What to Know About Heavy Metals in Baby Food

  • A study from Consumer Reports found that heavy metals can still be found in many baby food products.
  • Products including rice, sweet potatoes and carrots can contain these ingredients.
  • Experts say parents shouldn’t panic and can take steps to reduce the risk of children consuming foods with heavy metals.

A concerning amount of heavy metals such as arsenic, cadmium, and lead can still be found in many baby foods including rice and rice products, sweet potatoes, and carrots, according to the latest testing from Consumer Reports.

This report is a follow-up to 2018 testing that found 33 of the 50 foods to be associated with potential health risks for children due to combined exposure from those three heavy metals.

The latest test included 14 products including a mix of fruits and vegetables, meals and snacks such as bars, puffs and teething wafers.

While some baby foods and products now show lower levels of heavy metals, others are showing higher levels. Overall, the risk of heavy metal exposure has stayed fairly consistent over the years, according to the report.

This new finding comes despite ongoing pressure on food manufacturers to reduce heavy metals in food crops and make “safer” products or food products with lower levels of heavy metals.

Eric Boring, PhD, a Consumer Reports chemist who oversaw the testing explains in the report that because heavy metals are so pervasive in foods, and because they tend to accumulate in the body, small exposures from multiple foods can add up.

“And feeding your child amounts close to the daily serving limits leaves little room for exposure to heavy metals from other foods,” he adds.

Maya Deyssenroth, DrPH, an assistant professor of environmental health sciences at Columbia University’s Mailman School of Public Health says in the report that the health risks associated with long-term heavy metal exposure include increased risk of a variety of health and developmental problems in young children , including a lower IQ and behavioral issues, as well as ADHD, autism, and other issues.

The risk, though, should not be a cause for panic, according to Boring.

Dr. Daniel Ganjian, a pediatrician at Providence Saint John’s Health Center in Santa Monica, California tells Healthline parents can reduce risk by learning more about heavy metals and becoming more educated consumers.

“There are very helpful websites for parents to explore,” he says.

Ganjian points to the Consumer Reports site, but also suggests the Healthy Babies Bright Futures and the Clean Label Project.

Practical tips for parents

Ganjian tells Healthline that some ways to reduce risk of exposure to heavy metals in baby foods include:

  • Choosing foods with lower levels of heavy metals
  • Changing the consumption quantity or frequency of certain products (less often or limited amounts)
  • Providing a wide variety of foods daily

What this looks like in everyday life will vary from household to household. In any case, Ganjian suggests avoiding rice and rice products as much as possible. Rice tends to absorb more arsenic than other grains, according to the FDA, but can still be considered a part of a healthy diet.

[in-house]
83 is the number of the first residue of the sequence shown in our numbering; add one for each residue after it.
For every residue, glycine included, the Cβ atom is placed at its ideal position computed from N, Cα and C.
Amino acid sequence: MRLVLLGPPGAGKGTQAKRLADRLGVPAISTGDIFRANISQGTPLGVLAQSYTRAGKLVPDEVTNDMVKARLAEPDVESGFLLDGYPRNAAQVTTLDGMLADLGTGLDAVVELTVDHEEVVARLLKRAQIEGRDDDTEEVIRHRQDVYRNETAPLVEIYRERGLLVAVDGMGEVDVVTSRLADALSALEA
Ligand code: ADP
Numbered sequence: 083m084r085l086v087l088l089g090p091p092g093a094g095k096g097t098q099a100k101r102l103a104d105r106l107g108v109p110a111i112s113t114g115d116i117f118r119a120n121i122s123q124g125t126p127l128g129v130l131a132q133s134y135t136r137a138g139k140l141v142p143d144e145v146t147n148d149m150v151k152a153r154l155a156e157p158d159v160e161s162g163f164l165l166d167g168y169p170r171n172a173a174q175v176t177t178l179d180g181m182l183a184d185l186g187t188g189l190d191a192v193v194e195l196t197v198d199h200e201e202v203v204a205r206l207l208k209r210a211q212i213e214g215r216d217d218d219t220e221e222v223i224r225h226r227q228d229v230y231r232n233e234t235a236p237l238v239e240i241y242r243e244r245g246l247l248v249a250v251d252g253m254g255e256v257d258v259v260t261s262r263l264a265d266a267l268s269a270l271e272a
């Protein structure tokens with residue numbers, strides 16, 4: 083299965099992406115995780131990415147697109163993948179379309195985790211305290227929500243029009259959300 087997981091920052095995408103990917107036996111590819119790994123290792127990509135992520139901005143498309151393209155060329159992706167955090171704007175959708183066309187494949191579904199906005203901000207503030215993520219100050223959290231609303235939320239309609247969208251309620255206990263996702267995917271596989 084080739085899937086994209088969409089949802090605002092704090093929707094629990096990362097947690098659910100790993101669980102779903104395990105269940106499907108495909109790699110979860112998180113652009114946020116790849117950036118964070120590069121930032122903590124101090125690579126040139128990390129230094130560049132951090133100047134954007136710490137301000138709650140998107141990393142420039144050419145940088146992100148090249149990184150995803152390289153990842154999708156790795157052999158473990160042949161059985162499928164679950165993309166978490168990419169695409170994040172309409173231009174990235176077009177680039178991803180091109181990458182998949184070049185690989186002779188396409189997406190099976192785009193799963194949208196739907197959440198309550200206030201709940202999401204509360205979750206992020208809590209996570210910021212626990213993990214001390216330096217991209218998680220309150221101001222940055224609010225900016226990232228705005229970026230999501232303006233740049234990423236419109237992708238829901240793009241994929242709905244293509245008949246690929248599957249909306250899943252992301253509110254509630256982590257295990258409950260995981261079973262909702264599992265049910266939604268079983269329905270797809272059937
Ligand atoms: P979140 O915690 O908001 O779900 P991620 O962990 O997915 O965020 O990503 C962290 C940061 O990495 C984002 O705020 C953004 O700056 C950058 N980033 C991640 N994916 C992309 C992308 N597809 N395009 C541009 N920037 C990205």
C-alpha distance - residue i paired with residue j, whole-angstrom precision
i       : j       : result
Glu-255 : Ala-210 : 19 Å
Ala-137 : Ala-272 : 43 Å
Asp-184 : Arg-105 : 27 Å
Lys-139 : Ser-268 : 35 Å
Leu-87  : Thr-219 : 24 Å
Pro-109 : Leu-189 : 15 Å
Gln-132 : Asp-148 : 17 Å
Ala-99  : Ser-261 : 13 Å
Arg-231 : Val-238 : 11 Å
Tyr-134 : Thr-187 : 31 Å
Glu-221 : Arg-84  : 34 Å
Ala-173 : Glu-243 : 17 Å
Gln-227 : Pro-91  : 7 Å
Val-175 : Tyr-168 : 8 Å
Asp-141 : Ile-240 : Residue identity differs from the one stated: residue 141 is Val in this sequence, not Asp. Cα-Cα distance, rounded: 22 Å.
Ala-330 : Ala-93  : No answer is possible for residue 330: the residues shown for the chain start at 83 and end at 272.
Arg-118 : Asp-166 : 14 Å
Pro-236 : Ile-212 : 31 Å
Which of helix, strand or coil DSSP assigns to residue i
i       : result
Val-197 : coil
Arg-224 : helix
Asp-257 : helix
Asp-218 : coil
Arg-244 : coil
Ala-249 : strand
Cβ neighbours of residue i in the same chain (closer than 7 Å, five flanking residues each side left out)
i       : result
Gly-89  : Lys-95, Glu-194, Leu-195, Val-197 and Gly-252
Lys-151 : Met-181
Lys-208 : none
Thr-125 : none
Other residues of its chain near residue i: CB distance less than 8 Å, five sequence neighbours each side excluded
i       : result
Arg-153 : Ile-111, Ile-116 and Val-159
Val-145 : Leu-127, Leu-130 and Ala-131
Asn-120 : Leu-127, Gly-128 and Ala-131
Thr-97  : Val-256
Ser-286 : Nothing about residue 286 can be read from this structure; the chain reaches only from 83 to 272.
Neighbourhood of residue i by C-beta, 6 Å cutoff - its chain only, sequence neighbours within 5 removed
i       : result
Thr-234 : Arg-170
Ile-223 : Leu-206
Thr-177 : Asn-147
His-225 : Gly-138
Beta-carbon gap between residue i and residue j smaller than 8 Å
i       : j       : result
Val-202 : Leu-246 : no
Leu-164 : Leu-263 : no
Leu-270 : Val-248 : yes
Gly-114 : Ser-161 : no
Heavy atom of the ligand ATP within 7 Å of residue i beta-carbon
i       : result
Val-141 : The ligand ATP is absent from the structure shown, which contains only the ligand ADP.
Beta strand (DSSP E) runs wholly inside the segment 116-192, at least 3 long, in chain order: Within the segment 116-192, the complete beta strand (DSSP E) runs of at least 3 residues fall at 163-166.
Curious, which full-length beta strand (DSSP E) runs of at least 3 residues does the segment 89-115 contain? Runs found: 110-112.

“Rice or rice products once a week is fine,” says Ganjian.

Cinthia Scott, RD, IBCLC, is a pediatric dietitian, lactation counselor, and owner of the Baby Dietitian.

Scott tells Healthline she encourages parents to avoid rice-based snacks if they want to decrease the risk of heavy metal exposure. “Organic snacks from Little Bellies are non-rice based and are great for babies 7 months and older,” she says.

Other options exist, too. Brown basmati from California, India, or Pakistan has about a third less inorganic arsenic than other brown rices, Scott pointed out.

For households where rice is a staple food, the FDA suggests cook the rice like pasta. This means boiling the rice in a large amount of water (6 to 10 parts water to 1 part rice) and then draining the excess water.

The FDA adds that using this rice cooking method can reduce arsenic levels by some 40-60% but also results in reduced nutritional content of enriched or parboiled rice. Nutrients lost include folate, iron, niacin, and thiamine.

Ganjian also suggests parents limit the total amount of sweet potatoes and carrots. Instead, opt for vegetables with lower levels of heavy metals.

Ganjian says the following foods are considered “low heavy metal” foods:

  • Fruit (fresh or frozen, but not canned)
  • Baby food brand fruits
  • Green beans
  • Peas
  • Butternut squash
  • Cucumber, chilled and peeled
  • Frozen bananas
  • Meat (either baby food brand, or soft or pureed and home-cooked)
  • Beans
  • eggs
  • Infant formulas
  • Unsweetened applesauce
  • Grapes, cut into smaller pieces
  • Yogurt

Consumer Reports also advises parents to limit apple juice and grape juice in their children’s diet as they are also known to have high levels of heavy metals and are considered non-essential food items.

“The great news is that our heavy metal detectors are becoming much more sensitive at detecting low levels of toxins,” says Ganjian. “Companies see that parents are concerned, so they are actively looking for ways to reduce the levels of heavy metals.”

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